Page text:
I would like to prove the following:
Let g be a monotone increasing function on [0,1]. Then the set of points where g is not continuous is at most countable.
Let g(x^-)~,g(x^+) denote the left and right hand limits of g respectively. Let A be the set of points where g is not continuous. Then for any x\in A, there is a rational, say, f(x) such that g(x^-)\lt f(x)\lt g(x^+). For x_1\lt x_2, we have that g(x_1^+)\leq g(x_2^-). Thus f(x_1)\neq f(x_2) if x_1\neq x_2. This shows an injection between A and a subset of the rationals. Since the rationals are countable, A is countable, being a subset of a countable set.
Is my work okay? Are there better/cleaner ways of approaching it?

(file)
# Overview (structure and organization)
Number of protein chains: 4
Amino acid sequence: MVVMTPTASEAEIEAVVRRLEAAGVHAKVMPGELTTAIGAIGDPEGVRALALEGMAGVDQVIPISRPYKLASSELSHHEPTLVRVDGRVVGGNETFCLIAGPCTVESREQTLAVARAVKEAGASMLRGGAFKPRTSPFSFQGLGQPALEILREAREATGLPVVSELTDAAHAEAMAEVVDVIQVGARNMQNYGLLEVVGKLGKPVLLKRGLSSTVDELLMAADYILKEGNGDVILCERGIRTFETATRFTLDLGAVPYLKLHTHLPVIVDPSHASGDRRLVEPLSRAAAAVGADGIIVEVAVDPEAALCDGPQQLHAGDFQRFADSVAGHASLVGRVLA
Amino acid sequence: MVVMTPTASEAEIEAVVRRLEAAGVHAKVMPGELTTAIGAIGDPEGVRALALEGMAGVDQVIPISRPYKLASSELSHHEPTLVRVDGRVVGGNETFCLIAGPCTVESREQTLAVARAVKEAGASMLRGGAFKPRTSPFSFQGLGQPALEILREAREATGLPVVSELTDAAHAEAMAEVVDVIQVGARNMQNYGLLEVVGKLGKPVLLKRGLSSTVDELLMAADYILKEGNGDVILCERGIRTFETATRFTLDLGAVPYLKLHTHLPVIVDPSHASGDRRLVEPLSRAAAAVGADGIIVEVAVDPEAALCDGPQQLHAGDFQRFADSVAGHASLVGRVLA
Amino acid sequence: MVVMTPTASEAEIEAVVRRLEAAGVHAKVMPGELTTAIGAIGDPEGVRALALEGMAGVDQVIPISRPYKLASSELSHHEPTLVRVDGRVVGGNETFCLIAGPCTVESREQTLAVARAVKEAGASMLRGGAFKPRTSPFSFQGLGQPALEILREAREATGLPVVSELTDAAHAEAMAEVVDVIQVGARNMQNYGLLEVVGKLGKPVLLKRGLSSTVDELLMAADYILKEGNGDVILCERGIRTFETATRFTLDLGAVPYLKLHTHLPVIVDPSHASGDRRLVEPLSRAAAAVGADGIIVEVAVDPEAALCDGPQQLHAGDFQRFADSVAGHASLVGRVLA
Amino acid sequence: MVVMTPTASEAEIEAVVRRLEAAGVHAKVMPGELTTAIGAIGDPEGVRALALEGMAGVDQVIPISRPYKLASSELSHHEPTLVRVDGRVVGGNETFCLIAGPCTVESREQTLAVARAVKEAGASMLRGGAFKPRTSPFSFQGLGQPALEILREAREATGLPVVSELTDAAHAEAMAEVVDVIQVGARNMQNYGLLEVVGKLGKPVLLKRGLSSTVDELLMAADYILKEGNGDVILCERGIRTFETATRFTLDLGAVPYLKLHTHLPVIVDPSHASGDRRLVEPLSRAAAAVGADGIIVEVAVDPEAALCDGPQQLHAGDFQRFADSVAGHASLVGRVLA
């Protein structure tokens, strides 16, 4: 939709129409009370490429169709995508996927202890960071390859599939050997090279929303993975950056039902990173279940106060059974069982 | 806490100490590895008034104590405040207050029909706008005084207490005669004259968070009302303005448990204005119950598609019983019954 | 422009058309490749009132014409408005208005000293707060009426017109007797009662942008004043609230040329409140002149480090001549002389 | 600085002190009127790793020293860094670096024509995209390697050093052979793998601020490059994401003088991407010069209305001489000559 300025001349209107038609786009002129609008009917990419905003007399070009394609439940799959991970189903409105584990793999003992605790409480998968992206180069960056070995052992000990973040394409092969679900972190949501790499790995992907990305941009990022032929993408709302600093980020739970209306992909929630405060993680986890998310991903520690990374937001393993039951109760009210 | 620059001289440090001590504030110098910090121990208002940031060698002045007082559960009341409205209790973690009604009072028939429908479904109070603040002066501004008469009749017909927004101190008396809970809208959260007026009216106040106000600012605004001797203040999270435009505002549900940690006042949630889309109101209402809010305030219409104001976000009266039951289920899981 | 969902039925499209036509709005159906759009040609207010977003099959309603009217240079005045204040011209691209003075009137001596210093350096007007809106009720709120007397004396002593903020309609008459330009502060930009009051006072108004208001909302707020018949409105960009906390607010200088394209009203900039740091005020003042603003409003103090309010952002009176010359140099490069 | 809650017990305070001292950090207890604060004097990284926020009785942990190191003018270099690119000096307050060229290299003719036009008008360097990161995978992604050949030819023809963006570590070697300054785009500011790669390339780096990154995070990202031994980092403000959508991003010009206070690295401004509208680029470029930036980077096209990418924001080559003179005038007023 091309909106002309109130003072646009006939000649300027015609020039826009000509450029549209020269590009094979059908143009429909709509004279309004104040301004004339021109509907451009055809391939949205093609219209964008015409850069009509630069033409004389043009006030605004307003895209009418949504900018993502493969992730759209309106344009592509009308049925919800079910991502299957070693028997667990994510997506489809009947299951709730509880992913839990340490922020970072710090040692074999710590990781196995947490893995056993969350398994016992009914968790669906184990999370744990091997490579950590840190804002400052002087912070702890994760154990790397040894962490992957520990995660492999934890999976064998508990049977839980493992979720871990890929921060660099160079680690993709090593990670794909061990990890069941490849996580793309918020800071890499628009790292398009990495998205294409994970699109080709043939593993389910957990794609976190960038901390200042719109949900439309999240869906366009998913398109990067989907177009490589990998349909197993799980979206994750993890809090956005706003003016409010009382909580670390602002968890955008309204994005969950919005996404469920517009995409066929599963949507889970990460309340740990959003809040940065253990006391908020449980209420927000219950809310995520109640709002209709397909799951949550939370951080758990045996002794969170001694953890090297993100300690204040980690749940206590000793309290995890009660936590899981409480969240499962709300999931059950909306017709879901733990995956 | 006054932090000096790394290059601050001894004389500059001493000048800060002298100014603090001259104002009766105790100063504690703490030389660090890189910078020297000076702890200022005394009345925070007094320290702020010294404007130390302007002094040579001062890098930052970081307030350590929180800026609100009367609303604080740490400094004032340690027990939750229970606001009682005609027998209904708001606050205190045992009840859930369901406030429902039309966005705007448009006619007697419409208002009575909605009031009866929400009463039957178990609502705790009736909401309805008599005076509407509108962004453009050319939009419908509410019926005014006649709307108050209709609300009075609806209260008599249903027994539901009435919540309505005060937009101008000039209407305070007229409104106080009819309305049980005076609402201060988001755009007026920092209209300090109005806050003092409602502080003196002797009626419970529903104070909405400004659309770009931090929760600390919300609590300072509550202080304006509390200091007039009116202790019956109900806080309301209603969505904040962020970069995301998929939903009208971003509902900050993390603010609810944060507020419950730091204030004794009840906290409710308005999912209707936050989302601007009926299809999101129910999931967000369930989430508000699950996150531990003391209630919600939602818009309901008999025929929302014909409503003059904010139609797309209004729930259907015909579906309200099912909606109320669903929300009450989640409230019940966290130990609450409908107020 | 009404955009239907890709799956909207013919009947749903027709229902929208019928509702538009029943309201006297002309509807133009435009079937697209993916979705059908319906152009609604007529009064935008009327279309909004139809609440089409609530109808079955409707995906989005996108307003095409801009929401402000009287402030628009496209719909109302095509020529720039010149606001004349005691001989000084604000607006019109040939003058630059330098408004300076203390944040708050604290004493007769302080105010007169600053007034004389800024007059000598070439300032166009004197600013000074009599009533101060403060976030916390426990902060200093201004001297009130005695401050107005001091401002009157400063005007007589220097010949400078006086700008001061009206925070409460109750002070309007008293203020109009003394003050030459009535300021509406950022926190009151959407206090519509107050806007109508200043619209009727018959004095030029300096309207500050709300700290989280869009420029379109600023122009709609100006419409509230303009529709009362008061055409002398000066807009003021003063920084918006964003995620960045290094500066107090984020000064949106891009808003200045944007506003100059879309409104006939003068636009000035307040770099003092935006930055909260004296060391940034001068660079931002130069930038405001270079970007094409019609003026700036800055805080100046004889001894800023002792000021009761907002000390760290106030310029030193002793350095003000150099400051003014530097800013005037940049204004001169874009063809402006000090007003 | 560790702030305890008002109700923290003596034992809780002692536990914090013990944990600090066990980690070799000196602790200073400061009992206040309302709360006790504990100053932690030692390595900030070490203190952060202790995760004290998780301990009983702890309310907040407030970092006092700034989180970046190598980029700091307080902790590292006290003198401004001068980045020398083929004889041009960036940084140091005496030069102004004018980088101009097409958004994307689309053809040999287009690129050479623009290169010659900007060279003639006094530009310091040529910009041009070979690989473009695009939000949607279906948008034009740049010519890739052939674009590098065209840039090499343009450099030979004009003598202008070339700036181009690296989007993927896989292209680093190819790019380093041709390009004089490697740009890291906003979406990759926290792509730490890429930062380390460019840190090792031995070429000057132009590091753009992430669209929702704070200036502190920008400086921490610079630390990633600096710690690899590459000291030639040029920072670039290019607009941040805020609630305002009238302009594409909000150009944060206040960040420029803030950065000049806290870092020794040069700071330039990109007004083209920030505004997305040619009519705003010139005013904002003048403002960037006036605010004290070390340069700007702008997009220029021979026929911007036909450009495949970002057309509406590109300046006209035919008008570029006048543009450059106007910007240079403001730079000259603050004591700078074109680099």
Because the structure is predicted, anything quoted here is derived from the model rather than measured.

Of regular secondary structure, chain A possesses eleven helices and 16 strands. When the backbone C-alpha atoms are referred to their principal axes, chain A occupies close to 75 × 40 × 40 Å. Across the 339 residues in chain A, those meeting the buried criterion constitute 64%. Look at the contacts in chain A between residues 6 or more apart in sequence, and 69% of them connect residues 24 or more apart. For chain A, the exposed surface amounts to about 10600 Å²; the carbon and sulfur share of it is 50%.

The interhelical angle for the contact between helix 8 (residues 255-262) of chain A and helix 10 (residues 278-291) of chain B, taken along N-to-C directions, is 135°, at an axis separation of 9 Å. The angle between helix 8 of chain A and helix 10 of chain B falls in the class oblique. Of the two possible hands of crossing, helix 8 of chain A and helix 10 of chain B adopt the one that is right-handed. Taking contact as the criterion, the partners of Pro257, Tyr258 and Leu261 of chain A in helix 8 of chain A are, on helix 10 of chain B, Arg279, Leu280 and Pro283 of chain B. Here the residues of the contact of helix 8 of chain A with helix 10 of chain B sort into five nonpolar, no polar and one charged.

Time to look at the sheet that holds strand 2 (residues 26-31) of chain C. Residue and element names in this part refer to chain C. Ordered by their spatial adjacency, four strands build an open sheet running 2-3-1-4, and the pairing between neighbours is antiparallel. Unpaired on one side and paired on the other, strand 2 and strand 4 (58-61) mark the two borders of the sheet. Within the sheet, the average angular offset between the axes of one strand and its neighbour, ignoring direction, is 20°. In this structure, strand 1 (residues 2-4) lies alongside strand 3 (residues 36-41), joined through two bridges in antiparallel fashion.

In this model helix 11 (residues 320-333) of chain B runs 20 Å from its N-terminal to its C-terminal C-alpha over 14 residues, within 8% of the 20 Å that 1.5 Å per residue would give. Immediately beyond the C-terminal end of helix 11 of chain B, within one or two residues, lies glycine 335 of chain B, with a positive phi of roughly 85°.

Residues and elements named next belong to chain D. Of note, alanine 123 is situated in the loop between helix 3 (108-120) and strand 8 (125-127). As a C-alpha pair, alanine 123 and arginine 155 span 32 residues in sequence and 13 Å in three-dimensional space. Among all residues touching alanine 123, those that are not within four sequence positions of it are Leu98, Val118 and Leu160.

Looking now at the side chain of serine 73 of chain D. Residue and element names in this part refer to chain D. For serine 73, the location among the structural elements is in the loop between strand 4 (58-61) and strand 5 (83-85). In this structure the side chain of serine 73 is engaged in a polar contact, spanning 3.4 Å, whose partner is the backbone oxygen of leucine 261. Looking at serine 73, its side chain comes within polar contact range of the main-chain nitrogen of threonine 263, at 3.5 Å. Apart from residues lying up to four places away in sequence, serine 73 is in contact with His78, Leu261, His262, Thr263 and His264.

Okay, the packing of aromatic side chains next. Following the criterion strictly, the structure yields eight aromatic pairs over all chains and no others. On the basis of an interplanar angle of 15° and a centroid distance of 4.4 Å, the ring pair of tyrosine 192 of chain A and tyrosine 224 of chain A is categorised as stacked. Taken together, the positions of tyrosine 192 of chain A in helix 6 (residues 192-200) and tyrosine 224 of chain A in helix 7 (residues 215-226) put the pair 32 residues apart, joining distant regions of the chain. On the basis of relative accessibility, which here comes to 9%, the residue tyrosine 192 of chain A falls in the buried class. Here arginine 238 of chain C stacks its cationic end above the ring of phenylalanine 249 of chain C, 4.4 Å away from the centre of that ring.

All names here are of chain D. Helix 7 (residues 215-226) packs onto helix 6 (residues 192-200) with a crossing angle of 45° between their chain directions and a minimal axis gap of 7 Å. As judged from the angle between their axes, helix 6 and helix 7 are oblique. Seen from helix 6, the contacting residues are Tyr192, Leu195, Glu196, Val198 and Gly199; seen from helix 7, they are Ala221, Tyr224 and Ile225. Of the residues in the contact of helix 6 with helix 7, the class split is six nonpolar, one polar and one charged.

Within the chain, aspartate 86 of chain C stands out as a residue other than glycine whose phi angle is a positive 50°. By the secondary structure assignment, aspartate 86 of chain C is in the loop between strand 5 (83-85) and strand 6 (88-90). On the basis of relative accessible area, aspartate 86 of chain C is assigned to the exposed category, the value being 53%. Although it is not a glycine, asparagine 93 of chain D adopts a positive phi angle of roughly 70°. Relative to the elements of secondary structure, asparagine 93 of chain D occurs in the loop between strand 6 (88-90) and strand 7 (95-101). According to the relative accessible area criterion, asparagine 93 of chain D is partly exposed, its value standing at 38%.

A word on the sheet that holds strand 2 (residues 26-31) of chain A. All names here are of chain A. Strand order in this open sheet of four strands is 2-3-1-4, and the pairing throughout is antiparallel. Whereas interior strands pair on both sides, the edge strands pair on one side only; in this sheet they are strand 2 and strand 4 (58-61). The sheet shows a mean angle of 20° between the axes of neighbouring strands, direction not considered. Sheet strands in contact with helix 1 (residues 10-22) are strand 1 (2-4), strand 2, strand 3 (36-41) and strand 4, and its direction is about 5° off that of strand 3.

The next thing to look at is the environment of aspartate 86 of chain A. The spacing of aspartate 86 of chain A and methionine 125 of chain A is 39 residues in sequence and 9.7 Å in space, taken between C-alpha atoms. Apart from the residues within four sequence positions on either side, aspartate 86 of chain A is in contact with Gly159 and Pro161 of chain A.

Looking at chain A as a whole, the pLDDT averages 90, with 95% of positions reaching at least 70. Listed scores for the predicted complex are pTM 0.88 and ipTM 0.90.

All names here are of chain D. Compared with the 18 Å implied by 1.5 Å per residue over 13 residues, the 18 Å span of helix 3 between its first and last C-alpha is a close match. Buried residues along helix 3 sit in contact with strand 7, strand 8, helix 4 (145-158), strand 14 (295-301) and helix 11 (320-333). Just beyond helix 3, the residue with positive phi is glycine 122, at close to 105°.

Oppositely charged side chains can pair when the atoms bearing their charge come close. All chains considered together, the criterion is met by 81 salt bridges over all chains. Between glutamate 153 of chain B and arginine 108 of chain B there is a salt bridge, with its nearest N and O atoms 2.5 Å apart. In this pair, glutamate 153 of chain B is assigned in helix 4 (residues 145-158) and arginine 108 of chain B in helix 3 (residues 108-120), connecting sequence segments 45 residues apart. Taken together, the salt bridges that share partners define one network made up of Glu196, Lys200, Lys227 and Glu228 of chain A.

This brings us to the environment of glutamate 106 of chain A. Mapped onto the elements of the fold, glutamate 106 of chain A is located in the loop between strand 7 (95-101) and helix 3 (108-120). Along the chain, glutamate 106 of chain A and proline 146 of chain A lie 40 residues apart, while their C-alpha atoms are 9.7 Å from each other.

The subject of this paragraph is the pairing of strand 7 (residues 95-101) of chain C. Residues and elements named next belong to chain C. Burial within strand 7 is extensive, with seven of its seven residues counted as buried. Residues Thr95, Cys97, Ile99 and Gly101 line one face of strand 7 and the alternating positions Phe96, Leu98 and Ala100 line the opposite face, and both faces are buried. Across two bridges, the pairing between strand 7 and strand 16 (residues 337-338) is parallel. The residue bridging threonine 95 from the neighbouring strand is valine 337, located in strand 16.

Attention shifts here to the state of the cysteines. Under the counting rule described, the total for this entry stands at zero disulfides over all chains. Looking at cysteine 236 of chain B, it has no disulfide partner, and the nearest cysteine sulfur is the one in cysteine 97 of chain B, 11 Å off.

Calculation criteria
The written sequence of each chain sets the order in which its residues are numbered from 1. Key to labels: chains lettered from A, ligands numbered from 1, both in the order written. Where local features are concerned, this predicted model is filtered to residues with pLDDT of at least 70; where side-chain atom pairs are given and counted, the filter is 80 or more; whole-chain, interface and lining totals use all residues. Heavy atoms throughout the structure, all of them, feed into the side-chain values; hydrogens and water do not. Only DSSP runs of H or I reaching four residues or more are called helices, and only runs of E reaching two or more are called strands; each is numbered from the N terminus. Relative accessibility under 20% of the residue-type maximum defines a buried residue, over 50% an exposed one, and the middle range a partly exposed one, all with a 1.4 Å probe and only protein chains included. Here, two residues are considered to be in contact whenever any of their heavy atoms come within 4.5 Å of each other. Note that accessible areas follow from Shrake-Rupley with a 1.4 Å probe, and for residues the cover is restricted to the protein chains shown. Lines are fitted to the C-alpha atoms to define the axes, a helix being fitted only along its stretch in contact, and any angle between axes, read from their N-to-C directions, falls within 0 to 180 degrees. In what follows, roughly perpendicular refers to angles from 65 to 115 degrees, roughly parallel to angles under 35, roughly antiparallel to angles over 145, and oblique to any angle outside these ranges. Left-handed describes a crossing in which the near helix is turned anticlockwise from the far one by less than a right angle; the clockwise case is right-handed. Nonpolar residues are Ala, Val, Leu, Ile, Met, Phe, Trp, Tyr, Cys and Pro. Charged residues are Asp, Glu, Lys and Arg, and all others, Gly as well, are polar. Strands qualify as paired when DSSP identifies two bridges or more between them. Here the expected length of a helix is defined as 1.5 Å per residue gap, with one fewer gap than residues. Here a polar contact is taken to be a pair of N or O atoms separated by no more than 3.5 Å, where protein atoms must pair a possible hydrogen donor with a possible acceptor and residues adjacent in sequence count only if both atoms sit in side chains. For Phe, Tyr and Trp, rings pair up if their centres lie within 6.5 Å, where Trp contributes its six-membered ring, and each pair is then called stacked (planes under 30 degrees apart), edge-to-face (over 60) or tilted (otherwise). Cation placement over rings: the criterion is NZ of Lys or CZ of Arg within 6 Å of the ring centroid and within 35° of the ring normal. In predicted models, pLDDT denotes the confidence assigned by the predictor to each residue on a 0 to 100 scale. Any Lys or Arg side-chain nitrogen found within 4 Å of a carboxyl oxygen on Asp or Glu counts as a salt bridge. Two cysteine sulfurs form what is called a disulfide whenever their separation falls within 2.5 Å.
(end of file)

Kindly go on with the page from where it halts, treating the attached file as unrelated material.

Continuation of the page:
This looks beautiful to me: or, more truthfully, it looks like exactly what I would write.
If anything else can be asked of this argument, maybe it is a justification that monotone functions have discontinuities as you have described. I happen to have recently written this up in lecture notes for a “Spivak calculus” course: see \S 3 here. Although the fact is quite well known, many texts do not treat it explicitly. I think this may be a mistake: in the the same section of my notes, I explain how this can be used to give a quick proof of the Continuous Inverse Function Theorem.